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1,8-cineole affects agonists-induced platelet activation, thrombus formation and haemostasis

Alatawi, K., Ravishankar, D., Patra, P., Bye, A. ORCID:, Stainer, A., Patel, K., Widera, D. ORCID: and Vaiyapuri, S. ORCID: (2021) 1,8-cineole affects agonists-induced platelet activation, thrombus formation and haemostasis. Cells, 10 (10). 2616. ISSN 2073-4409

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To link to this item DOI: 10.3390/cells10102616


1,8-cineole, a monoterpenoid is a major component of eucalyptus oil and has been proven to possess numerous beneficial effects in humans. Notably, 1,8-cineole is the primary active ingredient of a clinically approved drug, Soledum® which is being mainly used for the maintenance of sinus and respiratory health. Due to its clinically valuable properties, 1,8-cineole has gained significant scientific interest over the recent years specifically to investigate its anti-inflammatory and antioxidant effects. However, the impact of 1,8-cineole on the modulation of platelet activation, thrombosis and haemostasis was not fully established. Therefore, in this study, we demonstrate the effects of 1,8-cineole on agonists-induced platelet activation, thrombus formation under arterial flow conditions and haemostasis in mice. 1,8-cineole largely inhibits platelet activation stimulated by glycoprotein VI (GPVI) agonists such as collagen and cross-linked collagen-related peptide (CRP-XL), while it displays minimal inhibitory effects on thrombin or ADP-induced platelet aggregation. It inhibited inside-out signalling to integrin αIIbβ3 and outside-in signalling triggered by the same integrin as well as granule secretion and intracellular calcium mobilisation in platelets. 1,8-cineole affected thrombus formation on collagen-coated surface under arterial flow conditions and displayed a minimal effect on haemostasis of mice at a lower concentration of 6.25 µM. Notably, 1,8-cineole was found to be non-toxic to platelets up to 50 µM concentration. The investigation on the molecular mechanisms through which 1,8-cineole inhibits platelet function suggests that this compound affects signalling mediated by various molecules such as AKT, Syk, LAT, and cAMP in platelets. Based on these results, we conclude that 1,8-cineole may act as a potential therapeutic agent to control unwarranted platelet reactivity under various pathophysiological settings.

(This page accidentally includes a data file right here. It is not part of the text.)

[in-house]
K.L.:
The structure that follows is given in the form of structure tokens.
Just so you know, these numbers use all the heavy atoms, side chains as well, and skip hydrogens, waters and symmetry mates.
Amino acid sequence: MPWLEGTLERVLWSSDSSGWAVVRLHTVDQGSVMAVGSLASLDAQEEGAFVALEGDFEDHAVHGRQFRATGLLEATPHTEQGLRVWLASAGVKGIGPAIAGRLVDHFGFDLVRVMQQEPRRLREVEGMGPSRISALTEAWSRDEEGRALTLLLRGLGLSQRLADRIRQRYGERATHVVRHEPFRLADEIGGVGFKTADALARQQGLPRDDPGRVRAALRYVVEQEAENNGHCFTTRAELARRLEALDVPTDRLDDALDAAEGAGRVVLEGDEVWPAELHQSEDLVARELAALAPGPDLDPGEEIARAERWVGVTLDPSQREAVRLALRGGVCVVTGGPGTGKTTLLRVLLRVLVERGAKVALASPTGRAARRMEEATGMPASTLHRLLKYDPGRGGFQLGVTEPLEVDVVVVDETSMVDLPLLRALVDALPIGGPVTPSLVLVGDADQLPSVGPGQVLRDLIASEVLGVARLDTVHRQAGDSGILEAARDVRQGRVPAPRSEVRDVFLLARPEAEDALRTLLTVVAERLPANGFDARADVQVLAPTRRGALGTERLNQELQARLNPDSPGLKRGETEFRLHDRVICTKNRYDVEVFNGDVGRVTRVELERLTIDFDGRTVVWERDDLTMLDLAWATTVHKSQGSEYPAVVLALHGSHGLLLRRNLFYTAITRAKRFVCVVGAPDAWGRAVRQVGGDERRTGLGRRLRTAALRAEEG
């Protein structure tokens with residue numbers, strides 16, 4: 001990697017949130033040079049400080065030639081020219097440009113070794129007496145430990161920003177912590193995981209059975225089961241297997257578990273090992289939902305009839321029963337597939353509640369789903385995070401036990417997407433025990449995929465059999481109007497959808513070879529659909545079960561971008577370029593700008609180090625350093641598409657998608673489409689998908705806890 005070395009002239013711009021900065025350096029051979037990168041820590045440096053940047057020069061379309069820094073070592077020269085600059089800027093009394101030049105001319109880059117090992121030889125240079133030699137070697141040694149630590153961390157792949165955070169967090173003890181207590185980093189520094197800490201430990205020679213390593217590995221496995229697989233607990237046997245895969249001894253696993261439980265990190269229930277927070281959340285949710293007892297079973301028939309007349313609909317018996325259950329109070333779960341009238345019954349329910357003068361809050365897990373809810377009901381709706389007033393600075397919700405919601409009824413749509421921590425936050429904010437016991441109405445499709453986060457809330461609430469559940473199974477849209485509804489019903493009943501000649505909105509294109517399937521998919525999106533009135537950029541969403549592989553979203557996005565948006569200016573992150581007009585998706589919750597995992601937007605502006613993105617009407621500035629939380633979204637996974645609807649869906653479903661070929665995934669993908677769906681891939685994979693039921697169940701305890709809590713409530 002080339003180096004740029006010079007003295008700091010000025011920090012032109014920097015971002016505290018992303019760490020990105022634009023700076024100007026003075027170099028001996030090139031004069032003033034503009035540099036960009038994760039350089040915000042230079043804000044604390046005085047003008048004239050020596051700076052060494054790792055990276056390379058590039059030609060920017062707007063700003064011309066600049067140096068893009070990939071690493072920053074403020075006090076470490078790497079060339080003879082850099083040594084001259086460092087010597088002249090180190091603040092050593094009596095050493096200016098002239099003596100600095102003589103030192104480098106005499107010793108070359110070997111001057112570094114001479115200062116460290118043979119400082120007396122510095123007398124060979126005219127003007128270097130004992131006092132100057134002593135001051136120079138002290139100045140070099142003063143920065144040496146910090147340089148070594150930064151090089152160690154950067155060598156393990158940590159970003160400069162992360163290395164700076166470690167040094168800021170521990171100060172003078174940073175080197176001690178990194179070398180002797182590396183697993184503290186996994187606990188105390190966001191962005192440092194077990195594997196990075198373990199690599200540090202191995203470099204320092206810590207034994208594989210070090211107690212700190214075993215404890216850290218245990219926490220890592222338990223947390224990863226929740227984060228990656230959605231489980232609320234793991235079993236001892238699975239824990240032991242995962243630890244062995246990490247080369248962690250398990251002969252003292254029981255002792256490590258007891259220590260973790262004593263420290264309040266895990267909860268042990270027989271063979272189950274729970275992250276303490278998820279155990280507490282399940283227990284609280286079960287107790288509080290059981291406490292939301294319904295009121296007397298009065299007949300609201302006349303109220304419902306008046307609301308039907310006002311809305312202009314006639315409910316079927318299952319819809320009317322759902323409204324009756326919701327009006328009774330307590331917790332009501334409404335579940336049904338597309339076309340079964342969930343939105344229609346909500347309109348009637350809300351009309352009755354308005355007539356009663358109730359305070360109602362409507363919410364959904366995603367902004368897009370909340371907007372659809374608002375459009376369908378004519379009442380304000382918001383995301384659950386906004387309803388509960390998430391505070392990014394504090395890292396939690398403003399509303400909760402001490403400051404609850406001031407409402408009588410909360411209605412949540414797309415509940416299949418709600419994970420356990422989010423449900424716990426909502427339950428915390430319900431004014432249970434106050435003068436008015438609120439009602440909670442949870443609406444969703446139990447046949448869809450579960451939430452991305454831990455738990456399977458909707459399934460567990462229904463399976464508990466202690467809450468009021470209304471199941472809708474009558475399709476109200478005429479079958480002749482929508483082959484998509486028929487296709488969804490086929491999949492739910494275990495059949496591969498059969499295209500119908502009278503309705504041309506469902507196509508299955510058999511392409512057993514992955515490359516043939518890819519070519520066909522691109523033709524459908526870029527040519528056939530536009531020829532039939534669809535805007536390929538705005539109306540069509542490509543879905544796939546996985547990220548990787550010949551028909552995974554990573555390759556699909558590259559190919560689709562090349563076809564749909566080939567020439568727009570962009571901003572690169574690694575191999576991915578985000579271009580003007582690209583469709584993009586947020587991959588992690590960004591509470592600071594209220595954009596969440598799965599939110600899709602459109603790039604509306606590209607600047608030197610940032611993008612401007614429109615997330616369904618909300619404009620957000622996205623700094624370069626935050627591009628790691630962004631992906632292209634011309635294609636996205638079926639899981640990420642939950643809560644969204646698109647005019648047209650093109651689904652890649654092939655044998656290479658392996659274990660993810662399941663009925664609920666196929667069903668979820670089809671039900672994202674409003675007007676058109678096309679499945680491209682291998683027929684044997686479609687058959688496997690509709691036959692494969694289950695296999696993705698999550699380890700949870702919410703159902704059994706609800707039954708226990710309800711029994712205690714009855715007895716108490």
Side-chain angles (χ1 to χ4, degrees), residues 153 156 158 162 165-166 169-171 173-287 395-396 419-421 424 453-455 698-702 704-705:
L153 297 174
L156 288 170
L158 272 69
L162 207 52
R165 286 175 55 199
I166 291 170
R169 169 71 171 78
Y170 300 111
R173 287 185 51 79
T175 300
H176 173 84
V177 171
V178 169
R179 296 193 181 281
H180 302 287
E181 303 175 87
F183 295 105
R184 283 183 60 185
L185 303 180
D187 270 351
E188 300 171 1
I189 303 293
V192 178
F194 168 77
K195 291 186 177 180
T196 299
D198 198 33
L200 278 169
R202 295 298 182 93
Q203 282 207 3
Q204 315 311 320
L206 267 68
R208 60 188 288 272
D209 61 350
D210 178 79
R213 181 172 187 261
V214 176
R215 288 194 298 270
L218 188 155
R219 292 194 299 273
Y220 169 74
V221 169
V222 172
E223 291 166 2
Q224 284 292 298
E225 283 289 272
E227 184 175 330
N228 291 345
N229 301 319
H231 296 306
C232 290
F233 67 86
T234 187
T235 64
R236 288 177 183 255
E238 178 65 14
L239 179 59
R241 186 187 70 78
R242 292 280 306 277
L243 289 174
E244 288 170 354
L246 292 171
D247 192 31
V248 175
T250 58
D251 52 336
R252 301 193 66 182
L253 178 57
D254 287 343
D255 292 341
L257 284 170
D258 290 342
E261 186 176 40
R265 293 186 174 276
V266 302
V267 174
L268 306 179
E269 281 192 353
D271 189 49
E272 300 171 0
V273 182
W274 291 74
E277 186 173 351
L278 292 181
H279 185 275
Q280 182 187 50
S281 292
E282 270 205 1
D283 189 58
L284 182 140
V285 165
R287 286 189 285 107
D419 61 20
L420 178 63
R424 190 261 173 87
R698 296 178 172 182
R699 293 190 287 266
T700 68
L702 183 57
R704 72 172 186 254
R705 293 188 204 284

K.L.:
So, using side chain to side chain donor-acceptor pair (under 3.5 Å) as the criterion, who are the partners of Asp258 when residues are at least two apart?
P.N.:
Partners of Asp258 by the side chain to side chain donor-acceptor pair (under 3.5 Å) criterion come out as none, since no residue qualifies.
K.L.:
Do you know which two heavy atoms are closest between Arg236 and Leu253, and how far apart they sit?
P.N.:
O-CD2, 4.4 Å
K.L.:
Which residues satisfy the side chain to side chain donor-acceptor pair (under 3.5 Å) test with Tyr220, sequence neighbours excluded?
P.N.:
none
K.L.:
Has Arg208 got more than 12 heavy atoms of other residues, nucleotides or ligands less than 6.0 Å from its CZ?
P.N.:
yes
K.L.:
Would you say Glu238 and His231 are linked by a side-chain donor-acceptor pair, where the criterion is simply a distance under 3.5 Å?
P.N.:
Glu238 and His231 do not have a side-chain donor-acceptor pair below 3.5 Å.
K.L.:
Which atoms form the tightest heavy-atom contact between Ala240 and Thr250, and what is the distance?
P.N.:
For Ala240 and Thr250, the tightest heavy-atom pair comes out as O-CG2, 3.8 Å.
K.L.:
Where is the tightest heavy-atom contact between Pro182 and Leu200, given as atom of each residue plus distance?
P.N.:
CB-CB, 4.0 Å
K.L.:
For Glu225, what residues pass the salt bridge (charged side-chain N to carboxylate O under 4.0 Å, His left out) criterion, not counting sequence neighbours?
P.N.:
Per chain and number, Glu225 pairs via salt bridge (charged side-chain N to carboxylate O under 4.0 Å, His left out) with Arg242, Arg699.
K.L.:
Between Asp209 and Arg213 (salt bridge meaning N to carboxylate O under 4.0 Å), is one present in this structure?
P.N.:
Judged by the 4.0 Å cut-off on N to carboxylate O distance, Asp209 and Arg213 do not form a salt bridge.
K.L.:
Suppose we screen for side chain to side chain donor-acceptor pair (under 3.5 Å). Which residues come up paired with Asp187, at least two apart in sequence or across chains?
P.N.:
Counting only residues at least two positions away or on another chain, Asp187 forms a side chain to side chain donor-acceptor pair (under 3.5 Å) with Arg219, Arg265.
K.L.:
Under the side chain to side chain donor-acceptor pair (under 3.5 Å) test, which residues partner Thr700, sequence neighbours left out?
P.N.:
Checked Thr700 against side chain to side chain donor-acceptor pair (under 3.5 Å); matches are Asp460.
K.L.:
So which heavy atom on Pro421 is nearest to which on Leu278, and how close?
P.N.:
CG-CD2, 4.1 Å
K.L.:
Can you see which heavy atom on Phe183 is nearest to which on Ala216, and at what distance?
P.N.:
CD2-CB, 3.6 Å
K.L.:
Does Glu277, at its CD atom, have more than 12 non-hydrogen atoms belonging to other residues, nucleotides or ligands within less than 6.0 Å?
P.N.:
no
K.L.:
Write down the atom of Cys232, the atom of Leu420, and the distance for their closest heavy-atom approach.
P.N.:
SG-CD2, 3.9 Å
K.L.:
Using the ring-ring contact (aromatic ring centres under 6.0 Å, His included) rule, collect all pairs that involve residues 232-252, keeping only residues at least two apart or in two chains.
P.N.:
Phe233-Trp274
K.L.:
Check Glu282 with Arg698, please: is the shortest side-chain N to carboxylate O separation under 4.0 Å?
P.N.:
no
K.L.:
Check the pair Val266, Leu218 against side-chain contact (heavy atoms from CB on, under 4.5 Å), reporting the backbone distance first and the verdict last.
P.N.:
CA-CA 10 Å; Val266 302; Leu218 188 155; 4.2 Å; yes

Item Type:Article
Divisions:Life Sciences > School of Biological Sciences > Biomedical Sciences
Life Sciences > School of Chemistry, Food and Pharmacy > School of Pharmacy > Division of Pharmacology
ID Code:100510


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